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Henry v. State of Wisconsin

IN THE UNITED STATES DISTRICT COURT FOR THE SOUTHERN DISTRICT OF ILLINOIS


December 29, 2009

SONNY HENRY, PLAINTIFF,
v.
STATE OF WISCONSIN, ET AL., DEFENDANT.

The opinion of the court was delivered by: Herndon, Chief Judge

ORDER

This matter comes before the Court for case management issues to sua sponte deal with the issue of improper venue.On October 1, 2008, Plaintiff Sonny Henry filed suit against the State of Wisconsin, Circuit Court of Sheboygan, Judge Gary Langhoff, Judge James Bolgart, Rebecca Persick, Family Court Commission, Sheboygan County Child Support Agency, and Heather Henry. On November 3, 2009, Henry amended his Complaint to allege causes of action against the Iowa District Court for Black Hawk County, First Judicial District, Chief Judge Allen L. Pearson, Judge Kellyann Laker, Judge Lawrence H. Fautech, Judge Jon Flater, Judge George Stigler, Judge Daniel Block, Judge Bruce B. Zeger, Attorney Timothy L. Luce, and Attorney David A. Roth (Doc. 30). Plaintiff's Complaint alleges that both sets of Defendants have violated his civil rights in regards to the custody of his son, Sonny Isaiah Henry, through the issuing of various court orders in the states of Wisconsin and Iowa. None of the Defendants are from this district nor does it appear from the Complaint that any of the pertinent events occurred in this district, which leads this Court to sua sponte raise the issue of improper venue.

28 U.S.C. § 1391(b) provides that when jurisdiction is based on federal question, venue is proper in:

(1) a judicial district where any defendant resides, if all defendants reside in the same State, (2) a judicial district in which a substantial part of the events or omissions giving rise to the claim occurred..., or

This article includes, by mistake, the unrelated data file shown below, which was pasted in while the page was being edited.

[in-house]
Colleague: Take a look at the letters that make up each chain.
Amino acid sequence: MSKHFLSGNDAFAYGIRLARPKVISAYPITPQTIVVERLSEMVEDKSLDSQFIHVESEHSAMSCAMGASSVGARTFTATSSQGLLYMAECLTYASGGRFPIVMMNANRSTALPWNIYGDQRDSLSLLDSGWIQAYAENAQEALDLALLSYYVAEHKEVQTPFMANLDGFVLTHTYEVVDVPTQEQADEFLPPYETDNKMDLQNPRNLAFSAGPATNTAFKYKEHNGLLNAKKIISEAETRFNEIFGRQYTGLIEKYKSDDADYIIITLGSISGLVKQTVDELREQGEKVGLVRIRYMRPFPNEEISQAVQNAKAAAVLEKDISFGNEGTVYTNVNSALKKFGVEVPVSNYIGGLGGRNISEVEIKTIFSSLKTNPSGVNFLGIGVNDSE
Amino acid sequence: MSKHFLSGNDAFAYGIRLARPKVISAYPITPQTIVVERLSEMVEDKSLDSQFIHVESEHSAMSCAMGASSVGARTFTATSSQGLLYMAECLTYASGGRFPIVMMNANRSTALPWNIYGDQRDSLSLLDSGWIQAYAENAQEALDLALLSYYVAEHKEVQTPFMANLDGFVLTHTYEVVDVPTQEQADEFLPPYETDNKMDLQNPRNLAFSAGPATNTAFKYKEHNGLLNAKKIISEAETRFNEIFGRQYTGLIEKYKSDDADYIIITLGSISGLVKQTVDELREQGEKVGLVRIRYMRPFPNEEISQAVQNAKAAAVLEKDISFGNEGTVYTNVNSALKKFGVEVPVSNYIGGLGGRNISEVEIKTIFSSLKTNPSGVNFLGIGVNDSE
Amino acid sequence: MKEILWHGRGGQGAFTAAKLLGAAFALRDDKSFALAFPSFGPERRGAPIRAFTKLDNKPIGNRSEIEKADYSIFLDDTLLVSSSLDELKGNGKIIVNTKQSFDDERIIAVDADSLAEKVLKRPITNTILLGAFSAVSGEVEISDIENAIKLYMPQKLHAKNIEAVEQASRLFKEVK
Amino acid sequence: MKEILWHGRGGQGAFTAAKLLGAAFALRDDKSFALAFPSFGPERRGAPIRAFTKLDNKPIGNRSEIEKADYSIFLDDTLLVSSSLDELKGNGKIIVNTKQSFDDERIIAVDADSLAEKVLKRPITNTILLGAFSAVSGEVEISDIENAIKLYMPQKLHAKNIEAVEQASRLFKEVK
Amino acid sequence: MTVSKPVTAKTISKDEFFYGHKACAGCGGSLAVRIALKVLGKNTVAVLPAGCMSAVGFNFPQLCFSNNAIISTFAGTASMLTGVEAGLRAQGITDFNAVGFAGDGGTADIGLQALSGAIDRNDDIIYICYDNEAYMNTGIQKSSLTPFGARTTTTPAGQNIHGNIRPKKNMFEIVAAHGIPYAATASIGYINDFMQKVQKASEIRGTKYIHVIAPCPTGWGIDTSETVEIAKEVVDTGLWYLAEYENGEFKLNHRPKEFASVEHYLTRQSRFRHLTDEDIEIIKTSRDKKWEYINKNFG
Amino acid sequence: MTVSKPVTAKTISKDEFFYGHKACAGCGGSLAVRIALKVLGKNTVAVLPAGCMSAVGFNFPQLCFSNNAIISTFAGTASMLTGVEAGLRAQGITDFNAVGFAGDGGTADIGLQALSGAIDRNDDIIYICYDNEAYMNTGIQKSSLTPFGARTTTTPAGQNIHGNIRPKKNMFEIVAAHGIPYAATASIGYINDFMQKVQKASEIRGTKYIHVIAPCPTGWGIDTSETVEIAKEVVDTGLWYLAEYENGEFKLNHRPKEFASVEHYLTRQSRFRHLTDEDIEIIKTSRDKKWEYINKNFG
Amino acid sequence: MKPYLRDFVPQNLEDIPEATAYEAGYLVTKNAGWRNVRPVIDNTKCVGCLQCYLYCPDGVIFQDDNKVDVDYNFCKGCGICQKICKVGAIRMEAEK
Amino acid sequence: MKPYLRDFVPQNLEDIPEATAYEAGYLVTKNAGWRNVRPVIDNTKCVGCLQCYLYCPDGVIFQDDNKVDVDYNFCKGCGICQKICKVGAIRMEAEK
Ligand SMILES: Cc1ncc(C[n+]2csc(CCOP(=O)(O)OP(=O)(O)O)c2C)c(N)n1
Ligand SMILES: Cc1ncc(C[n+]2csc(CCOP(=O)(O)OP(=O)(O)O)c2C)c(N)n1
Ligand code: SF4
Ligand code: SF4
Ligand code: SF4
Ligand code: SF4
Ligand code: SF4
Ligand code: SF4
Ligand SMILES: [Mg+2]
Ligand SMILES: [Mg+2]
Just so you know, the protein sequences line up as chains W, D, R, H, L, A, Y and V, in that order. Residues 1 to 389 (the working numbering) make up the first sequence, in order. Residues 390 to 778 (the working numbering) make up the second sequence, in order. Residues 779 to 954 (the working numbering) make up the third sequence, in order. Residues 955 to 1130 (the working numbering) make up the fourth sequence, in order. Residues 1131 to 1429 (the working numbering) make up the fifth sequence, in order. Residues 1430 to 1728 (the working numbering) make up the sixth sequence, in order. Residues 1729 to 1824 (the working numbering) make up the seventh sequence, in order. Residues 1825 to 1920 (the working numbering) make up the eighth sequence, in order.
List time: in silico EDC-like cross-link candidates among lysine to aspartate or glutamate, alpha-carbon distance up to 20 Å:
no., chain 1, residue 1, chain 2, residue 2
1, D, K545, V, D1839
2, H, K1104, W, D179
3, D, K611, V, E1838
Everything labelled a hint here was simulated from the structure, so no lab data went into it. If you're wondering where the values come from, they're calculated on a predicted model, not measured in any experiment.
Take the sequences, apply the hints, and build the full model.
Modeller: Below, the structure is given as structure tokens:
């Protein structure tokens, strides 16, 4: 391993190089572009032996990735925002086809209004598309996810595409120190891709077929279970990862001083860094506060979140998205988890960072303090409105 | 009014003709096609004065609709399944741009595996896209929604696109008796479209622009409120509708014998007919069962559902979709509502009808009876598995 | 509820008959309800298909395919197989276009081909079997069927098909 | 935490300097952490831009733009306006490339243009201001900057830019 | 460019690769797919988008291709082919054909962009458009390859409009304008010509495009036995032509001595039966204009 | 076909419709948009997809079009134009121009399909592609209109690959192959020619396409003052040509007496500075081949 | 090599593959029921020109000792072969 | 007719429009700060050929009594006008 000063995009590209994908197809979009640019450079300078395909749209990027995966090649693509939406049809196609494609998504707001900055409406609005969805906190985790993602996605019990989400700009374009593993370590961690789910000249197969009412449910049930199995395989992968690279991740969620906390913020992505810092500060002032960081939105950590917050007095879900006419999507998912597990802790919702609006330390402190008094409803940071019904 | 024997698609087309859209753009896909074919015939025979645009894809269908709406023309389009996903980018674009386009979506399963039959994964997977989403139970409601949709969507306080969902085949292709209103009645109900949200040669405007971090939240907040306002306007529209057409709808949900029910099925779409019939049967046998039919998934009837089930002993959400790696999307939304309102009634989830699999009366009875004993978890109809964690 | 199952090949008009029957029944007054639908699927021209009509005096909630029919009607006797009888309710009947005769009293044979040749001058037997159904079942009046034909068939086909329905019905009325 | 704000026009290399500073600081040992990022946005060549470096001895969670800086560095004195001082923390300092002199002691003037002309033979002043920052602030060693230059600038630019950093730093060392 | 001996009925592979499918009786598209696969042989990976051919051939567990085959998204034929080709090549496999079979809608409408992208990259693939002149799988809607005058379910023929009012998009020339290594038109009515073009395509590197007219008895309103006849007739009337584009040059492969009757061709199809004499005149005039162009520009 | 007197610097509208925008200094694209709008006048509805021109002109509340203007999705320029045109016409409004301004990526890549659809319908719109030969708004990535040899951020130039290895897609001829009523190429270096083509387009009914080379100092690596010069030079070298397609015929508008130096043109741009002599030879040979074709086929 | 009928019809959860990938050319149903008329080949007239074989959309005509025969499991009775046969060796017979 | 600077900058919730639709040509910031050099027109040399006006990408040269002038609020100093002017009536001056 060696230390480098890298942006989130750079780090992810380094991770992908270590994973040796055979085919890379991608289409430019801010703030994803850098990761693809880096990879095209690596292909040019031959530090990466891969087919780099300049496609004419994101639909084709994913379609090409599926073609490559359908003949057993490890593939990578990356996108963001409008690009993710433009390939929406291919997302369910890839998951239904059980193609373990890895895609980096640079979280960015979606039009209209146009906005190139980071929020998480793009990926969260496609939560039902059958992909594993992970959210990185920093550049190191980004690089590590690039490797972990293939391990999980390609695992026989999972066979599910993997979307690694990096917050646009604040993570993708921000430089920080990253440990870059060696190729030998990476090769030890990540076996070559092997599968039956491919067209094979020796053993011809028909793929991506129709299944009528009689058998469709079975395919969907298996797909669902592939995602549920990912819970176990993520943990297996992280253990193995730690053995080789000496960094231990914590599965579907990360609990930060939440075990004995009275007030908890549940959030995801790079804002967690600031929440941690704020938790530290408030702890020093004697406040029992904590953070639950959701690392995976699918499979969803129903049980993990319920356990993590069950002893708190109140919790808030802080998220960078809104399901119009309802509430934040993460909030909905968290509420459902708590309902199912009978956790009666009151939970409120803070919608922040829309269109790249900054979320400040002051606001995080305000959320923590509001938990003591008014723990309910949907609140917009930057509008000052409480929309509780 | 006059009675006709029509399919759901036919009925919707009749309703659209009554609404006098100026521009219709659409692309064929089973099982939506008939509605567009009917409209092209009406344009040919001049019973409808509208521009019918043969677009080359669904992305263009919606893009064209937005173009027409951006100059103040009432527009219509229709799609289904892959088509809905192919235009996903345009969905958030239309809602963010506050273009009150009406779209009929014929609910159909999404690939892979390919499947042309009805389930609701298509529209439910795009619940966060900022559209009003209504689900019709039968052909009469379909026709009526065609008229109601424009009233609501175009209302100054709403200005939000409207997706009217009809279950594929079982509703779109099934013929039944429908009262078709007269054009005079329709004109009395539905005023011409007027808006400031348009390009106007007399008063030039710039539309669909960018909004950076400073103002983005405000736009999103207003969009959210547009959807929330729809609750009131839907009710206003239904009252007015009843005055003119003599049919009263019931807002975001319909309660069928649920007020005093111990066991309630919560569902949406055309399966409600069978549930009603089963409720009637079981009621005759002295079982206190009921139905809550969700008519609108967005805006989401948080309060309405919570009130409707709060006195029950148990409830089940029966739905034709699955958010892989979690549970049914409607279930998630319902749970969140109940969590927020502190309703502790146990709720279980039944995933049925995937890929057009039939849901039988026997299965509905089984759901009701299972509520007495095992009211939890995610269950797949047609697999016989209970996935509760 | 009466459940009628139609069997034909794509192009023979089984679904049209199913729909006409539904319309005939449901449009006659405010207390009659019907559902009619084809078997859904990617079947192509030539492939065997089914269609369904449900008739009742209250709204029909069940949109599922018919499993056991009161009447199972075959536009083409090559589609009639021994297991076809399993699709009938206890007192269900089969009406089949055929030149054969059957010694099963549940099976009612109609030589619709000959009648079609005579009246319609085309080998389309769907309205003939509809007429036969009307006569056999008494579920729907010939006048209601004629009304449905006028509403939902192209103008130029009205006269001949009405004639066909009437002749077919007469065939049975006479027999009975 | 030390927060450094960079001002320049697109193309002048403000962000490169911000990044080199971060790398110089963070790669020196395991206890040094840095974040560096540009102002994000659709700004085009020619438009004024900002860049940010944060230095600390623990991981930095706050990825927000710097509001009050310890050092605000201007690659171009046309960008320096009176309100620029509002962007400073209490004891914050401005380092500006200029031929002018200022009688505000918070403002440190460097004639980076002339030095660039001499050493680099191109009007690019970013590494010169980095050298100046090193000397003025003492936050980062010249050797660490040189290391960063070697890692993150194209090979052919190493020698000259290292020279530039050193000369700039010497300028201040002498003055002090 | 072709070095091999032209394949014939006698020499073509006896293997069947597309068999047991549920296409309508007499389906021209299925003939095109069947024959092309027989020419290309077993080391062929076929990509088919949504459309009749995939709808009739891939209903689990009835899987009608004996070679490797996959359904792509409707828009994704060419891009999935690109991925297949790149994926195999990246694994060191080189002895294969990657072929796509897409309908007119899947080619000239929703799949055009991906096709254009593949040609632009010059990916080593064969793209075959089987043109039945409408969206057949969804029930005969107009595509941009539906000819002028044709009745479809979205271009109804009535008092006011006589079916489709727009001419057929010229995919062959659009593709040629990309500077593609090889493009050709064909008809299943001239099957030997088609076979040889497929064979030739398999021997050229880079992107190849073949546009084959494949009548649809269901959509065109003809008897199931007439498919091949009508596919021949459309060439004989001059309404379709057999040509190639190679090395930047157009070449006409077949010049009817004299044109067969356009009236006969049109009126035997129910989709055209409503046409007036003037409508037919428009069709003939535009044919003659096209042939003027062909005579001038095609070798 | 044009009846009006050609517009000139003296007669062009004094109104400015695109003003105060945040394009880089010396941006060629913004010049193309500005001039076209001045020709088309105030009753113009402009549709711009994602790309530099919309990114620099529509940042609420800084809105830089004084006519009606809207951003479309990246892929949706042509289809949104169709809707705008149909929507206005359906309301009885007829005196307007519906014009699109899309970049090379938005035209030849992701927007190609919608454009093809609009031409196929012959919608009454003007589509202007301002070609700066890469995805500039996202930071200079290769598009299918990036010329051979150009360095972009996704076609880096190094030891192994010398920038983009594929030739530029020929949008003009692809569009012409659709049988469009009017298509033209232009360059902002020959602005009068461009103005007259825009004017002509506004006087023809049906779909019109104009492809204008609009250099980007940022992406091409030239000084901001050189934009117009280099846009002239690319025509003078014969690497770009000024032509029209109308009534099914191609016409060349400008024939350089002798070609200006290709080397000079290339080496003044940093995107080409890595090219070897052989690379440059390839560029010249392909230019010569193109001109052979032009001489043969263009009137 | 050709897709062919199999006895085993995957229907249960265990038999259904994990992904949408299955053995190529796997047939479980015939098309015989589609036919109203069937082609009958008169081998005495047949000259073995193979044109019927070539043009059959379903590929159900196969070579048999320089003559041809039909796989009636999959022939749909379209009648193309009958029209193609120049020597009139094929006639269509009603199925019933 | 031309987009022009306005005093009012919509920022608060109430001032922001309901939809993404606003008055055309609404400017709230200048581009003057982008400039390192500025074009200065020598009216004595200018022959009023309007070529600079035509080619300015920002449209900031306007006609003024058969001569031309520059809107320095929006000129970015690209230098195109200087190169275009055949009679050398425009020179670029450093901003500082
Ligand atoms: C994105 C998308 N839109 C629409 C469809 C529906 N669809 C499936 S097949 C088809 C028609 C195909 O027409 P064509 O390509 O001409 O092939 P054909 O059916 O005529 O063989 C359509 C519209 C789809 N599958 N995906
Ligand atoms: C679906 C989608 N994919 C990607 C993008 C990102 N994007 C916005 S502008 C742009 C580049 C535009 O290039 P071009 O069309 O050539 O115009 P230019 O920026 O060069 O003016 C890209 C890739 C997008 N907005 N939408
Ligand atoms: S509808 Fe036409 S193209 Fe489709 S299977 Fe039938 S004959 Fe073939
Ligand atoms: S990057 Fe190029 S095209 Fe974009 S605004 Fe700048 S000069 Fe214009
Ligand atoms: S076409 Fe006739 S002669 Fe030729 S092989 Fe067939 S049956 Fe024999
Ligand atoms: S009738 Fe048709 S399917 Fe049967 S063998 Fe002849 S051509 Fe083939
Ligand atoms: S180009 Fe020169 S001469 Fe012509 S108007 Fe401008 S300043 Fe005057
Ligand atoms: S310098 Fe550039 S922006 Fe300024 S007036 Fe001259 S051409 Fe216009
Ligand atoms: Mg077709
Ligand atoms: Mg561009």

(3) a judicial district in which any defendant may be found, if there is no district in which the action may otherwise be brought.

28 U.S.C. § 3191(b).

If it is determined that the court is not a proper venue for the action, then the court is required to dismiss the action or may transfer the action "if it be in the interests of justice." See 28 U.S.C. § 1406(a). § 1406(a) provides that in the case of improper venue, a district court "shall dismiss, or if it be in the interest of justice, transfer such case to any district or division in which it could have been brought." The decision to transfer is in the sound discretion of the court. Saylor v. Dyniewski, 836 F.2d 341, 345 (7th Cir. 1988).

Here, Henry's First Amended Complaint is against several members of the judiciary of Wisconsin and Iowa. None of the Defendants reside in this district. Further, this action involves several court orders issued by Defendants in Wisconsin and Iowa. None of the events alleged in Plaintiff's First Amended Complaint occurred in this District. Therefore, this District is not the proper venue for Plaintiff's action. See 28 U.S.C. § 3191 (b). As this Court is not the proper venue for Plaintiff's cause of action, under 28 U.S.C. § 1406(a) this Court must dismiss the case or may transfer the case to a proper venue if it deems it appropriate in the interest of justice. However, the Court determines that a transfer is not appropriate in this case as some of the Defendants reside in Wisconsin and some reside in Iowa making it incapable for this Court to determine which of the two venues, the Eastern District of Wisconsin or the Northern District of Iowa, is the more appropriate venue. Therefore, according to 28 U.S.C. § 1406(a) this Court must dismiss Henry's Complaint. Accordingly, the Court DISMISSES without prejudice Henry's First Amended Complaint. The Court suggests that Henry file his cause of action in the Eastern District of Wisconsin and/or the Northern District of Iowa where venue is proper. The Court further DENIES as moot all pending motions.

IT IS SO ORDERED.

David R. Herndon Chief Judge United States District Court

20091229

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